Peer support services (webpage)
Peer support is sharing and receiving practical information, experiences, and emotional support with someone else on a similar journey. People describe it as talking with someone who has “walked the walk”.
How does peer support work?
Peer support services include a range of activities, from informal conversations between peers, through to formal programs that might involve trained and paid peer support workers. Activities can be face-to-face, over the telephone or internet catch ups between two or more people, or as part of a larger group.
Who can access peer support?
Peer support services operate nationwide and address many different areas including mental illness or injury, physical injury, disability and chronic (persistent) pain. Services offer support to those injured or unwell, as well as family and friends who may be caring for, or affected by your injury or illness. Peer support services may also offer a supportive environment if you are grieving a loss or feeling isolated.
How much does peer support cost?
Peer support services are generally free. While peer support services are not funded by the TAC, the TAC recognises that they can be a valuable support for you.
Types of peer support
It is not unusual to feel sad, angry, anxious or guilty following an accident. These feelings can be overwhelming and sap your energy and confidence. Peer support services may help you to understand and control your symptoms, increase your belief in your ability to reach goals and complete tasks and cope with stress, and ultimately improve your quality of life.
Chronic (persistent) pain
Chronic or persistent pain is pain which continues beyond the expected recovery time for an injury. If you have persistent pain, a peer support service may help you to understand your pain, get back in control of your symptoms and introduce you to a supportive environment with other people who understand some of how you feel.
Peer support services can be an integral part of returning to independent living following serious injury or illness or for those whose living circumstances have changed. The contacts you make may help you to understand and engage in treatment and therapy with a more positive outlook and to reconnect with your community at the right time.
Can I use my regular treatment or therapy services while I am using a peer support service?
Yes, peer support services can complement your rehabilitation treatment or therapy. However, peer support services should not take the place of medical or allied health treatments. If you have any concerns about engaging with a peer support service or program you should check first with your GP or treating team.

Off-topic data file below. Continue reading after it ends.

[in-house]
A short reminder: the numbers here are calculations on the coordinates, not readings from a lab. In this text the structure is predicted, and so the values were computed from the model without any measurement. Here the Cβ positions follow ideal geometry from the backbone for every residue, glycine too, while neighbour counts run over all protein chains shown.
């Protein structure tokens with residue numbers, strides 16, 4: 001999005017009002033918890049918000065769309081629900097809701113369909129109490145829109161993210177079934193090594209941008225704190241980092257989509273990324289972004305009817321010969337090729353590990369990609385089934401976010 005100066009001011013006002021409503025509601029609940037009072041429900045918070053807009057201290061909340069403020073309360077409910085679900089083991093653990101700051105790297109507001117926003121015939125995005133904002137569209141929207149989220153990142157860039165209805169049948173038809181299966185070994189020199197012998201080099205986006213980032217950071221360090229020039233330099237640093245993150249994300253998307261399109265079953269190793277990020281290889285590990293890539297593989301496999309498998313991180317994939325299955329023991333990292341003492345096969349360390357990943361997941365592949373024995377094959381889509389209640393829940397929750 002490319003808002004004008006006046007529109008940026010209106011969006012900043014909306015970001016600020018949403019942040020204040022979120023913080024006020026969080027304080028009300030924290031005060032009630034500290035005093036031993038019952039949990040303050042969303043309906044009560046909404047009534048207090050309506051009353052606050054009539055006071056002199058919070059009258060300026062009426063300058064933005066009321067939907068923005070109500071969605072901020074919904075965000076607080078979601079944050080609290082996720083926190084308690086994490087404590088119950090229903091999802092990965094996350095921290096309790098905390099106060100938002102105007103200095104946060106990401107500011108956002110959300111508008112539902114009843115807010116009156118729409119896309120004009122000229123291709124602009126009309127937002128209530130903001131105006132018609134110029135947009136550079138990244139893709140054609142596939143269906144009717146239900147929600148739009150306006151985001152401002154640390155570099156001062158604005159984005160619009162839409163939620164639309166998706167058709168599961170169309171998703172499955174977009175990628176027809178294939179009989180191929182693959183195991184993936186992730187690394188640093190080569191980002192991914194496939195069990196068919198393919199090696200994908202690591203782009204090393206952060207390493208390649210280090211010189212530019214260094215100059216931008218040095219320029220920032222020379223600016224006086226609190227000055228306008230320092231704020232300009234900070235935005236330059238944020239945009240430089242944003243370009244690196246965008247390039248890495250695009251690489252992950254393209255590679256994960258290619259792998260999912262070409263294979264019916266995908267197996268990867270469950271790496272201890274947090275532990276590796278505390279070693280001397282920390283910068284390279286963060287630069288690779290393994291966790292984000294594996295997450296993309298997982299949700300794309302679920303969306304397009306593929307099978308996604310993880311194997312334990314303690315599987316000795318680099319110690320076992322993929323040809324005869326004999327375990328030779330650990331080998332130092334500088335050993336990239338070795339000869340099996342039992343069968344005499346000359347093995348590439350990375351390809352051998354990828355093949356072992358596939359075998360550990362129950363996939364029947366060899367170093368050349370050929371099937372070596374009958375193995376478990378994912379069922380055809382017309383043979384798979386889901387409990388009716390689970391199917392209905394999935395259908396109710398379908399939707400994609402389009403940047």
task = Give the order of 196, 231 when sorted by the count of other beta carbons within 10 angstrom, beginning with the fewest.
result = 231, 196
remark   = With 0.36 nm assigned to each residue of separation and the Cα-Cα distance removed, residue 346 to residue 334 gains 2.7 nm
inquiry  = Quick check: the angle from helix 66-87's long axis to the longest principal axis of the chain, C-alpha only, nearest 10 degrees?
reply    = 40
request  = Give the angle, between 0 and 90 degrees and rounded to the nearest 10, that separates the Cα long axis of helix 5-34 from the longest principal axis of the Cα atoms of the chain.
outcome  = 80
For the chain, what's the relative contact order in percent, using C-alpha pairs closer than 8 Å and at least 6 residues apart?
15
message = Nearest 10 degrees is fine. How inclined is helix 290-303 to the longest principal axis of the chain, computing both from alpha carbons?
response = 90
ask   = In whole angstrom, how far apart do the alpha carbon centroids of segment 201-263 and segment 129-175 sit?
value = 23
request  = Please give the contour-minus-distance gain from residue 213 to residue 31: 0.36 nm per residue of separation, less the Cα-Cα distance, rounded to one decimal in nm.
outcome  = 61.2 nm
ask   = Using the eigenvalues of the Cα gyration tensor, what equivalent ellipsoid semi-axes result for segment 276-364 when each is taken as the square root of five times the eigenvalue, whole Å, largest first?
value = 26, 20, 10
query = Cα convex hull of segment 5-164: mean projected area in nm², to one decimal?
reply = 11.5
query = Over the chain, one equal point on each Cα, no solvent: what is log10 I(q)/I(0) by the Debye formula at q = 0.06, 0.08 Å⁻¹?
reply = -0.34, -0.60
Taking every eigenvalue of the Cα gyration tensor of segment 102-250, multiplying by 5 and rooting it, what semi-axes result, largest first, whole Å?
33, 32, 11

Where can I get more information?
Speak to your GP or treating practitioner. Your local council or community health centre may also have information on peer support services available in your local area.
For further information related to Mental Health and/or Persistent Pain, visit the TAC website and search for ‘mental health and persistent pain resources.’
Where do I find peer support services?
There are a large number of peer support services across Victoria and Australia. Listed are a few tools that may help you identify the supports available in your community. This information may be helpful to TAC clients, their families and carers.
The Better Health Channel
A resource aimed to help people understand and manage their health and medical needs. A search under disability groups and networks will identify disability networks, support organisations and groups.
The Disability Gateway
A resource improving access to disability information and services across Australia for people with disability, their families and carers.
Amber Community - a road incident support and education service
T: 1300 367 797
Peer support services for Acquired Brain Injury (ABI)
T: 1800 677 579
Peer support services for chronic (persistent) pain
Peer support services for mental health
Grow mental wellbeing programs
For those over 18 who provide significant support to a person with a mental health illness.
T: 1800 558 268
For those between 12 and 25 years of age with mental health issues.
T: (03) 9027 0100
T: 1300 224 636
Anxiety Disorders Association of Australia
Online support groups
T: (03) 9853 8089
Mental Health Foundation of Australia
T: 1300 643 287
Carer Helpline: 1300 554 660
Service Information: 1300 286 463
Peer support services for physical injury
Limbs 4 Life
T: 1300 782 231